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The Itching Games, Part 1: "Bee-ware"

Posted on Tuesday, August 05, 2014, by Ashley Snyder

By Dr. Kathryne Buege

You have arrived at a summer picnic and, unbeknownst to you, your name has been picked by the Phylum Arthropoda to participate in their annual "Itching Games."  Here are a few survival tips to navigate their playing field.

What is Phylum Arthropoda?

It is the largest division of the animal kingdom. Bees, wasps, mosquitoes, fire ants, black widow and brown recluse spiders, ticks and scorpions, to name a few. This post is dedicated to the bee and insect stings that inevitably cross our paths this time of year.

Toxic reactions to multiple stings by Hymenoptera (wasps, bees and ants) and severe systemic allergic reactions to one or more stings or bites of other insects such as deer flies, black flies, horseflies, and kissing bugs can all present emergency, life-threatening situations. "Bee" aware of what to do when stung by an insect or bee and take appropriate action.

What you need to know about Hymenoptera:

  • The most important venomous insects known to humans
  • This order of species includes honeybees, bumblebees, yellow jackets, hornets, wasps and ants.
  • Honeybees and bumblebees are usually docile and only sting when provoked.
    • Males have no stinger! Yes, ladies - the females pack the punch, but are only able to sting one time and then die.
  • Wasp, hornet and yellow jacket stings cause most of the reported allergic reactions.
    • They nest in the ground, in walls and have volatile tempers.
    • Like honeybees and bumblebees, the females have the stinger, but have the ability to withdraw their stinger, allowing for multiple stings. OUCH!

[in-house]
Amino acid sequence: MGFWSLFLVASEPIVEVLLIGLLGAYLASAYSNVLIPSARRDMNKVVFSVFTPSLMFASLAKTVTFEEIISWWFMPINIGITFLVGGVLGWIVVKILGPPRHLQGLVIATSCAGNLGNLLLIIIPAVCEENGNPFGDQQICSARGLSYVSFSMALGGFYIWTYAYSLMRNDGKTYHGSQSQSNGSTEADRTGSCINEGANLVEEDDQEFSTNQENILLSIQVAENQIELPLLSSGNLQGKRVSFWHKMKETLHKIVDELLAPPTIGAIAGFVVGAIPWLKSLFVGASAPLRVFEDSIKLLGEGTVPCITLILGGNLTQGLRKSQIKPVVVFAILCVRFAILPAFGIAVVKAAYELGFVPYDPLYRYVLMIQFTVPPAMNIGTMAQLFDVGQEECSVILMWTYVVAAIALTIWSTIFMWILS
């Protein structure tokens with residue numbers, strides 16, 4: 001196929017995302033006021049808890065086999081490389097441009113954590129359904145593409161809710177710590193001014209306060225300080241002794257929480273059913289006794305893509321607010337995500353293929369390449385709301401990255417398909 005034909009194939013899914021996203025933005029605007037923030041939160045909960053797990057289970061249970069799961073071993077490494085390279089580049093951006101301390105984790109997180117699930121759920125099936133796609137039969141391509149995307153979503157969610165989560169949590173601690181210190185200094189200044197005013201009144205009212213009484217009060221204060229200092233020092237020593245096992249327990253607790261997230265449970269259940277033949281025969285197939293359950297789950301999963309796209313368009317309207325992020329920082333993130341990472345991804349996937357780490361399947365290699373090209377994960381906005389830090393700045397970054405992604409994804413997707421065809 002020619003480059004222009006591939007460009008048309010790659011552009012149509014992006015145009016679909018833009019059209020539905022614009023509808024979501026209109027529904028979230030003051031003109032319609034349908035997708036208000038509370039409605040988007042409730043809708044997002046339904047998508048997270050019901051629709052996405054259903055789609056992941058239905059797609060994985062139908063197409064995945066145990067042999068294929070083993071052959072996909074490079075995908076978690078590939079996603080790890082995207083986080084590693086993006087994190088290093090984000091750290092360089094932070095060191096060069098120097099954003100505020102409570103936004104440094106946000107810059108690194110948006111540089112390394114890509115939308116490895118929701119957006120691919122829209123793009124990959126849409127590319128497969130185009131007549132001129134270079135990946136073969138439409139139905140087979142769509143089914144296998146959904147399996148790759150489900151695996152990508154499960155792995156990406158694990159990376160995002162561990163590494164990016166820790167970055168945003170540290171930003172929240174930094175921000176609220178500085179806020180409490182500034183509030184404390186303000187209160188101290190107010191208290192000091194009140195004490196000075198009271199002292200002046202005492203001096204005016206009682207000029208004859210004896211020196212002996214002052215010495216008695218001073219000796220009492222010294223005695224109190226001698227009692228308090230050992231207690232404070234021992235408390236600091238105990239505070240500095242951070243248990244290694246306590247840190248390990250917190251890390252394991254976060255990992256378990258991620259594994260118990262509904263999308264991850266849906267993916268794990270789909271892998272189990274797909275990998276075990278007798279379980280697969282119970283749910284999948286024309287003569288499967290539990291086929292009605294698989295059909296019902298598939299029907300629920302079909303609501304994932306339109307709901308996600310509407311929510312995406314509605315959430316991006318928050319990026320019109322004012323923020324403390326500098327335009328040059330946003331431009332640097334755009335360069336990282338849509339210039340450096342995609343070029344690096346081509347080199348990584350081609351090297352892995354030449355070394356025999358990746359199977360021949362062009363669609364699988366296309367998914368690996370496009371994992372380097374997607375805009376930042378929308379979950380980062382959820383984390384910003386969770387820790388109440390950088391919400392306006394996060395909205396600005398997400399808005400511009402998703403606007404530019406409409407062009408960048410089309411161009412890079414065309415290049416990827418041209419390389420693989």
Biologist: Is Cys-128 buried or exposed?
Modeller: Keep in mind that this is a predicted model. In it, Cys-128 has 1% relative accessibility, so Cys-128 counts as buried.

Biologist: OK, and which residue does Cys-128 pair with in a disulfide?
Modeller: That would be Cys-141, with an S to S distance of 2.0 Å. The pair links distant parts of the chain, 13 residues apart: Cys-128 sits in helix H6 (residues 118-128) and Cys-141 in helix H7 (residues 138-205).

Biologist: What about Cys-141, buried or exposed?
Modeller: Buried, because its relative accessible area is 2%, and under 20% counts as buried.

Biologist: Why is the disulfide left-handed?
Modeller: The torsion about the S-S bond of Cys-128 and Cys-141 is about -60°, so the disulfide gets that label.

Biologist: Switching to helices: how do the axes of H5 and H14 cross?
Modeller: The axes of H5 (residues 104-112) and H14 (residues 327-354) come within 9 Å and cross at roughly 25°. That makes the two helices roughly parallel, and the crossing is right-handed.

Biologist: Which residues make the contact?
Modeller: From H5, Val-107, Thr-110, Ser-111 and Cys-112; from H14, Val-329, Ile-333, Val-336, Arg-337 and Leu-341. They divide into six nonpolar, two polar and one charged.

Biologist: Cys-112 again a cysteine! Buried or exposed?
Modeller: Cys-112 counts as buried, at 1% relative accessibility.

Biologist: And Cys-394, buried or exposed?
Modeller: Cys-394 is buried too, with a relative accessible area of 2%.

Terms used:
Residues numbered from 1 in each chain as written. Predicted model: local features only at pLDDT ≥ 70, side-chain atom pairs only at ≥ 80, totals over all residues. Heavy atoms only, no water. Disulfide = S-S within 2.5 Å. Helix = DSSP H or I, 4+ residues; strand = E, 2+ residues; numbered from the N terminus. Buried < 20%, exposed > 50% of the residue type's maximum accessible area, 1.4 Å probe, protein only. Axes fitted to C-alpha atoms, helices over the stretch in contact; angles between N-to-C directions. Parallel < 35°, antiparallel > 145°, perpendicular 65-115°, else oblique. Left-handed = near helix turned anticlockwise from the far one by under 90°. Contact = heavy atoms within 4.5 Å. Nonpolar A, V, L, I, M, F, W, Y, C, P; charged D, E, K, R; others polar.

• Sting signs and symptoms:
    • Pain, slight erythema (skin redness), edema (swelling) and itching at the sting site
    • In some cases, more serious reactions may develop (anaphylactic reaction).

What to do if you are stung:

  • Remove the stinger and wash the affected area with soap and water. Older conventional methods recommend scraping the sting site with a flat surface, like a credit card.
  • Apply cold compresses.
  • Elevate the affected limb.
  • Control any itching with anti-histamines, such as Benadryl (sedating), Zyrtec (sedating for some), or Claritin and Allegra (non-sedating).
  • NSAIDS (non-steroidal anti-inflammatories) for pain relief
  • H-2 blockers (Zantac) for any gastrointestinal symptoms

Signs & symptoms of anaphylaxis:

  • The majority of reactions occur within 15 minutes, and nearly all occur within 6 hours of the sting or bite.
  • There is no correlation between the number of stings and the systemic reaction.  Typically the shorter interval between the sting itself and the onset of symptoms, the more severe the reaction.
  • Watch for facial flushing, tongue swelling, generalized urticaria (hives), dry cough, throat constriction, vomiting, diarrhea and bluish discoloration in the extremities.
  • Seek immediate medical attention/call 911.
  • If available, use an EpiPen, injected into the muscle, massaging the injection site to hasten absorption.
  • Patients should be monitored/observed for several hours in an acute care setting.

Uncomplicated local reactions typically consist of redness and painful swelling at the sting site, and resolved within a few hours. Occasionally, swelling may last one to two days.

Large, local reactions may have exaggerated redness and swelling that does not resolve until 5 to 10 days later. Most stings do not become infected, although this can occur. An infected sting must be differentiated from a large local reaction, so contacting your medical care facility or MASH Urgent Care for evaluation is a great idea if you experience prolonged or unusual symptoms.

Remember, talk to your health care provider about what treatment regimen is best for you, and "may the odds be ever in your favor!"